table, a metal kettle stood surrounded by rags and pamphlets. On the
floor four members of the same family lay, their limbs touching,
entwined in death. Some houses were crowded with bodies. One had 12
corpses, another had five.

Some of the dead were government
soldiers and others appeared to be Hutu militiamen. The bodies of two
young men wearing military-style trousers lay on a street corner.
Locals said Nkunda's fighters put the trousers on the bodies. That may
be true. Both were wearing civilian trousers underneath, an unusual
amount of clothing in Congo's heat. But no one could say who the young
men were, suggesting they were not local.

Most of Kiwanga is
deserted now after its 35,000 residents were forced from their homes,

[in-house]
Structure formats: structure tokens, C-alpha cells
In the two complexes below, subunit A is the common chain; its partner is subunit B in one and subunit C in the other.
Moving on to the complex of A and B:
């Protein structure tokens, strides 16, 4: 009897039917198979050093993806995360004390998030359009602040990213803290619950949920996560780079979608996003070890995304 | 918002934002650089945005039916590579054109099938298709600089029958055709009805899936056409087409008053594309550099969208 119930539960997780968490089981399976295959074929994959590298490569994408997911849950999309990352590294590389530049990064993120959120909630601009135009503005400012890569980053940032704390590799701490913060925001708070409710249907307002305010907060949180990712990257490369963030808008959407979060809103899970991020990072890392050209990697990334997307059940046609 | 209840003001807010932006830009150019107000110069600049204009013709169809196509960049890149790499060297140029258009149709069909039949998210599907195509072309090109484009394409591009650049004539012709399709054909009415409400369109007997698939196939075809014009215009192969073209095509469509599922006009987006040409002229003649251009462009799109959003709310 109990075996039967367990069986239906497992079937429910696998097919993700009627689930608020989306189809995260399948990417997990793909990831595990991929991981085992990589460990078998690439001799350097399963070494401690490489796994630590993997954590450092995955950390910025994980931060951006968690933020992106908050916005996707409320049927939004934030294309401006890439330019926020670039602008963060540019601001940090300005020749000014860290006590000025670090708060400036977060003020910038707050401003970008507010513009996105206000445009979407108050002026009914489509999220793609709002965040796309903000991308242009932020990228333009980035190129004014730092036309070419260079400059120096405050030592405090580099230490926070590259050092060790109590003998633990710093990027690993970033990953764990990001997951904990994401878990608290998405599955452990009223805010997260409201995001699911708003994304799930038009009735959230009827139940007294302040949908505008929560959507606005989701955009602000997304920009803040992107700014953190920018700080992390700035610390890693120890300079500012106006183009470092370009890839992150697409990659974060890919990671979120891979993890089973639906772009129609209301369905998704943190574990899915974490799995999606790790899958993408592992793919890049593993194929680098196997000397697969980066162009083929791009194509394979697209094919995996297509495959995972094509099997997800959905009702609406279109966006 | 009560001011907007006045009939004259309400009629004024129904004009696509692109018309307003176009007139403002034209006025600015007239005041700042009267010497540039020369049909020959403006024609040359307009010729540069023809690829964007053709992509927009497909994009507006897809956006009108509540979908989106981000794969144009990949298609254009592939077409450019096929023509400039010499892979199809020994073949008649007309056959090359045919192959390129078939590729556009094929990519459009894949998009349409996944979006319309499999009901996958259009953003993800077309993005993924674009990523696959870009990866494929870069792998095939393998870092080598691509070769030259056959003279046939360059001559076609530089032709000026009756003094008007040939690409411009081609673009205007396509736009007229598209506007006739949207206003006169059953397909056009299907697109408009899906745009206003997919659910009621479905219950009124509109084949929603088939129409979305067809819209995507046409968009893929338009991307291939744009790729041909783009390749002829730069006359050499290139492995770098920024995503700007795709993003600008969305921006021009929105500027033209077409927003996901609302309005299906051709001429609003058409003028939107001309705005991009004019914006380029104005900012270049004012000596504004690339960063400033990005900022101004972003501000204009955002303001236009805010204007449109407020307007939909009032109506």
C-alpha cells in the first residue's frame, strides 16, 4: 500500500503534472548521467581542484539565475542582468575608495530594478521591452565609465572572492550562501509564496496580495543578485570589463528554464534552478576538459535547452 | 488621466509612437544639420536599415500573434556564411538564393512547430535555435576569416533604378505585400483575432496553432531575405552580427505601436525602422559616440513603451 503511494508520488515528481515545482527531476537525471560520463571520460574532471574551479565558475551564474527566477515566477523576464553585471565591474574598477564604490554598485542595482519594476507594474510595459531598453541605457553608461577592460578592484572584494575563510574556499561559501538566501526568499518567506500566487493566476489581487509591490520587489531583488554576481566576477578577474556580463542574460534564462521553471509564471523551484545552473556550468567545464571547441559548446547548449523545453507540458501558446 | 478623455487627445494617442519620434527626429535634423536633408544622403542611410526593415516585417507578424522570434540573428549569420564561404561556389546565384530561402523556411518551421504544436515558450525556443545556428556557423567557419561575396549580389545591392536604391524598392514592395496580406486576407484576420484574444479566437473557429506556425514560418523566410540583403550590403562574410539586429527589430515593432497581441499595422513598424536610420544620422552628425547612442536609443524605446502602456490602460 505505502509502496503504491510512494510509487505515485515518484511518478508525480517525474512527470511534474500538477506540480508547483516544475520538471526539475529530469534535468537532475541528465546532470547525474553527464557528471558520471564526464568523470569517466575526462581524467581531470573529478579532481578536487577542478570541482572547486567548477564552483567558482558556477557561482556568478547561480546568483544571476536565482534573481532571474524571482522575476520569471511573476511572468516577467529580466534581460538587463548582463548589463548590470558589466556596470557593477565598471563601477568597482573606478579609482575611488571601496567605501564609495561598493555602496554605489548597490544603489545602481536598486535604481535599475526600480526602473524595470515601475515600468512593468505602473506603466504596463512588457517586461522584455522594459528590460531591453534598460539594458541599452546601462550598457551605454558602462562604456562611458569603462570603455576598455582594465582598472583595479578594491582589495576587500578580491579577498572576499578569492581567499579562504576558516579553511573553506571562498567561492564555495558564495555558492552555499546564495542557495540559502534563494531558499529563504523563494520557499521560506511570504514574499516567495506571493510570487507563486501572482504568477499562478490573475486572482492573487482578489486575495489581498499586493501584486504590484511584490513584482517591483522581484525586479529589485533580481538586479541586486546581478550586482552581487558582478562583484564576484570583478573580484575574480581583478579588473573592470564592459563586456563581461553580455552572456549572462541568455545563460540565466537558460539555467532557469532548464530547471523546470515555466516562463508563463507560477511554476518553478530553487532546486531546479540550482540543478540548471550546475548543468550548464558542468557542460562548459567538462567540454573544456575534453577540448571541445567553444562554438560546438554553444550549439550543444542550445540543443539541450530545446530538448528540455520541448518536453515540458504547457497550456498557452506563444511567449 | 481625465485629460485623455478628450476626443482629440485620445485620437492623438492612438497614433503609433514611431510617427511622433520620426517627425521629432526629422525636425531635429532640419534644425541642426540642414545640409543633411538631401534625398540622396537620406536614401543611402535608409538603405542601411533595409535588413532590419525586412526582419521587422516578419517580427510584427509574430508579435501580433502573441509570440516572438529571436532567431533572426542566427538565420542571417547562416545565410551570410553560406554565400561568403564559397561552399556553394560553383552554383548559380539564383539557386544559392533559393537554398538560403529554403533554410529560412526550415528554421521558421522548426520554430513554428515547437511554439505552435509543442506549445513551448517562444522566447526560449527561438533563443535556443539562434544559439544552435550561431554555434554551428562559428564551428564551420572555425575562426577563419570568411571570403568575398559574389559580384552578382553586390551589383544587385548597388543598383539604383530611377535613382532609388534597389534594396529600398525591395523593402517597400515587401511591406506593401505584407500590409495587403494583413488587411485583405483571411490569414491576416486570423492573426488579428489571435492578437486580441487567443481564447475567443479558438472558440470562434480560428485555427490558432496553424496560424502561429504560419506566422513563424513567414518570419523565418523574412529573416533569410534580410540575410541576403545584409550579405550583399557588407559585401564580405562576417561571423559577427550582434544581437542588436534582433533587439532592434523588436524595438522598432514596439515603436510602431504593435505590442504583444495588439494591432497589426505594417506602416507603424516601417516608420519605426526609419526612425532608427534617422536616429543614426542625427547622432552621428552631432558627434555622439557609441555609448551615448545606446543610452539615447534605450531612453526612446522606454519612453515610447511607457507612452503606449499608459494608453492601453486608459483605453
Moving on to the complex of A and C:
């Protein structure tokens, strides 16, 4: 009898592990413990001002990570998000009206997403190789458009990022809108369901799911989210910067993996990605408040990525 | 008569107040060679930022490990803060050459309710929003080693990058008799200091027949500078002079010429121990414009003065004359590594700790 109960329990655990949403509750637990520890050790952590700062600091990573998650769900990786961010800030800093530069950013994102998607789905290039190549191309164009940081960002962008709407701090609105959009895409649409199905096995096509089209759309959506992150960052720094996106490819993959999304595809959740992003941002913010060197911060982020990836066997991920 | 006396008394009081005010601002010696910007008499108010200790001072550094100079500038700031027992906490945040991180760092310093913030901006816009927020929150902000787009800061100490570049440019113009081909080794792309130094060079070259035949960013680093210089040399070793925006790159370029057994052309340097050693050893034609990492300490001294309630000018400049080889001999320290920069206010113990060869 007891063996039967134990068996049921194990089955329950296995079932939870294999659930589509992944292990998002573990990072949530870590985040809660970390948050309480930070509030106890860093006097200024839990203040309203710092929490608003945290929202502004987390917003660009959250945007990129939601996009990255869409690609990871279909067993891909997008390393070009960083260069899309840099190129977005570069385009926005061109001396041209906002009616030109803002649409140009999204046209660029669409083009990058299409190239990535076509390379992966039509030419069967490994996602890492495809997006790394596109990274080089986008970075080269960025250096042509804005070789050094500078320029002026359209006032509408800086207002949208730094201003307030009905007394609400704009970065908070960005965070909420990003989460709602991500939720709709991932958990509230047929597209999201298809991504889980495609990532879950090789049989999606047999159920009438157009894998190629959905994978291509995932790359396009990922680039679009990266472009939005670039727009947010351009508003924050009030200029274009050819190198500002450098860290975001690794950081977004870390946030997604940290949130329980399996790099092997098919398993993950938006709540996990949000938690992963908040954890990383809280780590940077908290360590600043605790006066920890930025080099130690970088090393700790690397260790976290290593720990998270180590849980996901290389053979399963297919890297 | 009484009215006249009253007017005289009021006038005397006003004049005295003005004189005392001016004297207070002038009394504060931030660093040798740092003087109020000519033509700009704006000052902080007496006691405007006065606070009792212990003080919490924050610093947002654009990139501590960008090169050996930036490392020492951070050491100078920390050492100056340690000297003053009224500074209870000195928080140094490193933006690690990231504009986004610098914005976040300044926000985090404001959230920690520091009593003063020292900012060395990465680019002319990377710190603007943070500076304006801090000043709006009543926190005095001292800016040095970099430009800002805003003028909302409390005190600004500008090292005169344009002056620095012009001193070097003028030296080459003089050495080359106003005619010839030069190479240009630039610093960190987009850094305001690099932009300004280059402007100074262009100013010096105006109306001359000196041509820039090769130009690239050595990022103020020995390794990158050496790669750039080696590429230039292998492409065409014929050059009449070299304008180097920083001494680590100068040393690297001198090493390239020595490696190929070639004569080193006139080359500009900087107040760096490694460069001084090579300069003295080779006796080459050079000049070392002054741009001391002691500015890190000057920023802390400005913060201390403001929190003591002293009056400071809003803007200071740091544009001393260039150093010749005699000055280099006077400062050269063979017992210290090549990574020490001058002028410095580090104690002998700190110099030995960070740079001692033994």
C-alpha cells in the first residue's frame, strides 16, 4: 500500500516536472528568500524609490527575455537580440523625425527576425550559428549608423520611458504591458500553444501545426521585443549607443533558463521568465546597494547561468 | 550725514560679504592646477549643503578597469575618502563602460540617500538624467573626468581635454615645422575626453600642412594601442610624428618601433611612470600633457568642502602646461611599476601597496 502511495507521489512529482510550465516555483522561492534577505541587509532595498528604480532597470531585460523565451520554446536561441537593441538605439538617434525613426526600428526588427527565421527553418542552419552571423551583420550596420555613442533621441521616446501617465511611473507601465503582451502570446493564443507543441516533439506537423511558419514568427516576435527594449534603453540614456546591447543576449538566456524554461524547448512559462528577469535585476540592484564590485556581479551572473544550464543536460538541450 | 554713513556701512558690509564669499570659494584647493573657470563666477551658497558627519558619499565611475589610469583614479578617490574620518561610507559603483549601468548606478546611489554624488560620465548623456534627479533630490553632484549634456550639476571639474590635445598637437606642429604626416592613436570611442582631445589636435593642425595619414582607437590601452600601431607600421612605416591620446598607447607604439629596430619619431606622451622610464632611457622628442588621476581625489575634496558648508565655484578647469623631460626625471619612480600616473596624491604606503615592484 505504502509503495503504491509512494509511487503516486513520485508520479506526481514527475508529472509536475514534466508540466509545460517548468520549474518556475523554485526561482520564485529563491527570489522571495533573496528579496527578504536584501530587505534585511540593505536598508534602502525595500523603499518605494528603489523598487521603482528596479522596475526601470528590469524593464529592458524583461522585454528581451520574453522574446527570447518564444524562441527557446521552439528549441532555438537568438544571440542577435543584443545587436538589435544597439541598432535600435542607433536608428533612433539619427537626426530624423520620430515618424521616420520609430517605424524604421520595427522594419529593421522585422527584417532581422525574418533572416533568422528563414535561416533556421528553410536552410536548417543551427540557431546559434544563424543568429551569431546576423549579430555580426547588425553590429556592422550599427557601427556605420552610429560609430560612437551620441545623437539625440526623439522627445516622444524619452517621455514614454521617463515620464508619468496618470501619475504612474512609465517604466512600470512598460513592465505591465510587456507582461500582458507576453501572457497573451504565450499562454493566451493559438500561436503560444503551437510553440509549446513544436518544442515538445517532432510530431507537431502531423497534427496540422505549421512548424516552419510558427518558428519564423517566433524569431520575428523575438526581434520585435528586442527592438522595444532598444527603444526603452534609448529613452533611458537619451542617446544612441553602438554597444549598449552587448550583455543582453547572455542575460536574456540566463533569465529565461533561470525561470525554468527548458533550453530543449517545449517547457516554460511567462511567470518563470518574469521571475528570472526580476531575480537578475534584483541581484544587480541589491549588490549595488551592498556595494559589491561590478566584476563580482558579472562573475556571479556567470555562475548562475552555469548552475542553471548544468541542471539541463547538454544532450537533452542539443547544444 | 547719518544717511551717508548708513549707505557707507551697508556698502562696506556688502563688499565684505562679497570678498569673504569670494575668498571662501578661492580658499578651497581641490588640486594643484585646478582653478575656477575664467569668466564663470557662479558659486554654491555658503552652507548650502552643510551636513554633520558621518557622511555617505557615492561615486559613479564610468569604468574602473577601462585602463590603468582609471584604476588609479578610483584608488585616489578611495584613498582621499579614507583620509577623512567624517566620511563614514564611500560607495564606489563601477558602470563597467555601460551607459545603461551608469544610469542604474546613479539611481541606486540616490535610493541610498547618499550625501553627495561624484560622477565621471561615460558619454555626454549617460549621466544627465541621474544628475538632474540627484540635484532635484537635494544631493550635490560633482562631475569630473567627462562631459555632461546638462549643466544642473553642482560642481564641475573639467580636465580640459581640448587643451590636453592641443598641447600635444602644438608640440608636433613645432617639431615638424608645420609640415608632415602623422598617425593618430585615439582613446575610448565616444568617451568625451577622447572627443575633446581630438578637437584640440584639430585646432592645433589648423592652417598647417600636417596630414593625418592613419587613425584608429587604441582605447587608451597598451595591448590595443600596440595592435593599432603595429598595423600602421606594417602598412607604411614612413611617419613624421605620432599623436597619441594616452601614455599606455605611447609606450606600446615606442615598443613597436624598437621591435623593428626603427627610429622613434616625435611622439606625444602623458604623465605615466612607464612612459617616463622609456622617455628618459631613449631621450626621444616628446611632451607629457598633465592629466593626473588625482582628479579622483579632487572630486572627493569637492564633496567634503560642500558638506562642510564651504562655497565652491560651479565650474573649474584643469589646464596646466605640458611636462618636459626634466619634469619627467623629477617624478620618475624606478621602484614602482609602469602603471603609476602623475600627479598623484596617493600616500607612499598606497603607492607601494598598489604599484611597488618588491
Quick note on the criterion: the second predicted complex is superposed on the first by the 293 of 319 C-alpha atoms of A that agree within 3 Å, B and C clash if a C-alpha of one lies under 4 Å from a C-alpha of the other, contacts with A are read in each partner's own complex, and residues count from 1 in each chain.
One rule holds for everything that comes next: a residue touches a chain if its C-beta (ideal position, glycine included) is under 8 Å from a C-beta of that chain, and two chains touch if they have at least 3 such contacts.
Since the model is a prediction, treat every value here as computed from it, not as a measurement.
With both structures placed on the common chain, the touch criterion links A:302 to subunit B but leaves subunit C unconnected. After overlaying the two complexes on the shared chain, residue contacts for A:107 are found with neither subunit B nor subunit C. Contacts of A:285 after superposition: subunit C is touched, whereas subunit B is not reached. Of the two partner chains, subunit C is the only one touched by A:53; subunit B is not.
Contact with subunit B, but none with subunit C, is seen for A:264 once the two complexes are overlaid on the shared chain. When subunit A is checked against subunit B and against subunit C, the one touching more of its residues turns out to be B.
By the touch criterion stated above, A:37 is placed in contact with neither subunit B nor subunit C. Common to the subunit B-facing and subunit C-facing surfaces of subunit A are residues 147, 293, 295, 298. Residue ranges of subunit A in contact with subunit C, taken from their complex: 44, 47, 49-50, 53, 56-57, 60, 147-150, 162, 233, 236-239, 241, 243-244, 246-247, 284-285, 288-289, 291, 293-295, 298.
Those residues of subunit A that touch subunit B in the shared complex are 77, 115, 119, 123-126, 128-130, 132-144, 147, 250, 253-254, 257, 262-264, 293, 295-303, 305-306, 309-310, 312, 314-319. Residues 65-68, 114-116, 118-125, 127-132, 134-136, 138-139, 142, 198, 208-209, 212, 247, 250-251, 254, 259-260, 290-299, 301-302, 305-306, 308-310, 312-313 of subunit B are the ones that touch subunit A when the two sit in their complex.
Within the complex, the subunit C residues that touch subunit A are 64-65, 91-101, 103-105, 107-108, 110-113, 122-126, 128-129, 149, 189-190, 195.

leaving pigs free to roam. Some who fled locked their doors with
padlocks, but a number were kicked in and the homes looted.

In a
tiny house with a bed and one chair, the dresser on which the most
precious items were displayed - a few glasses, a bowl, a religious
print - had been upturned and everything smashed.

Only the centre of Kiwanga is crowded, mostly by people who are refugees in their own town.

Nkunda's
forces seized Kiwanga when they took the neighbouring town of Rutshuru
last week. Kiwanga was packed with Hutus and others who fled years of
fighting to the north and west. The renegade Tutsi leader regarded
Kiwanga has a hotbed of Hutu subversion. Nkunda says he has the support
of the people by liberating them from an ineffectual government and
Hutu militias who have plundered the local population. But that is not
how it is seen among those forced from their homes.

A small crowd
grows larger, and furtive comments become denunciations as anger pours
forth against Nkunda's National Congress for People's Defence.

"The
CNDP told everybody to get out. They took some young men away and shot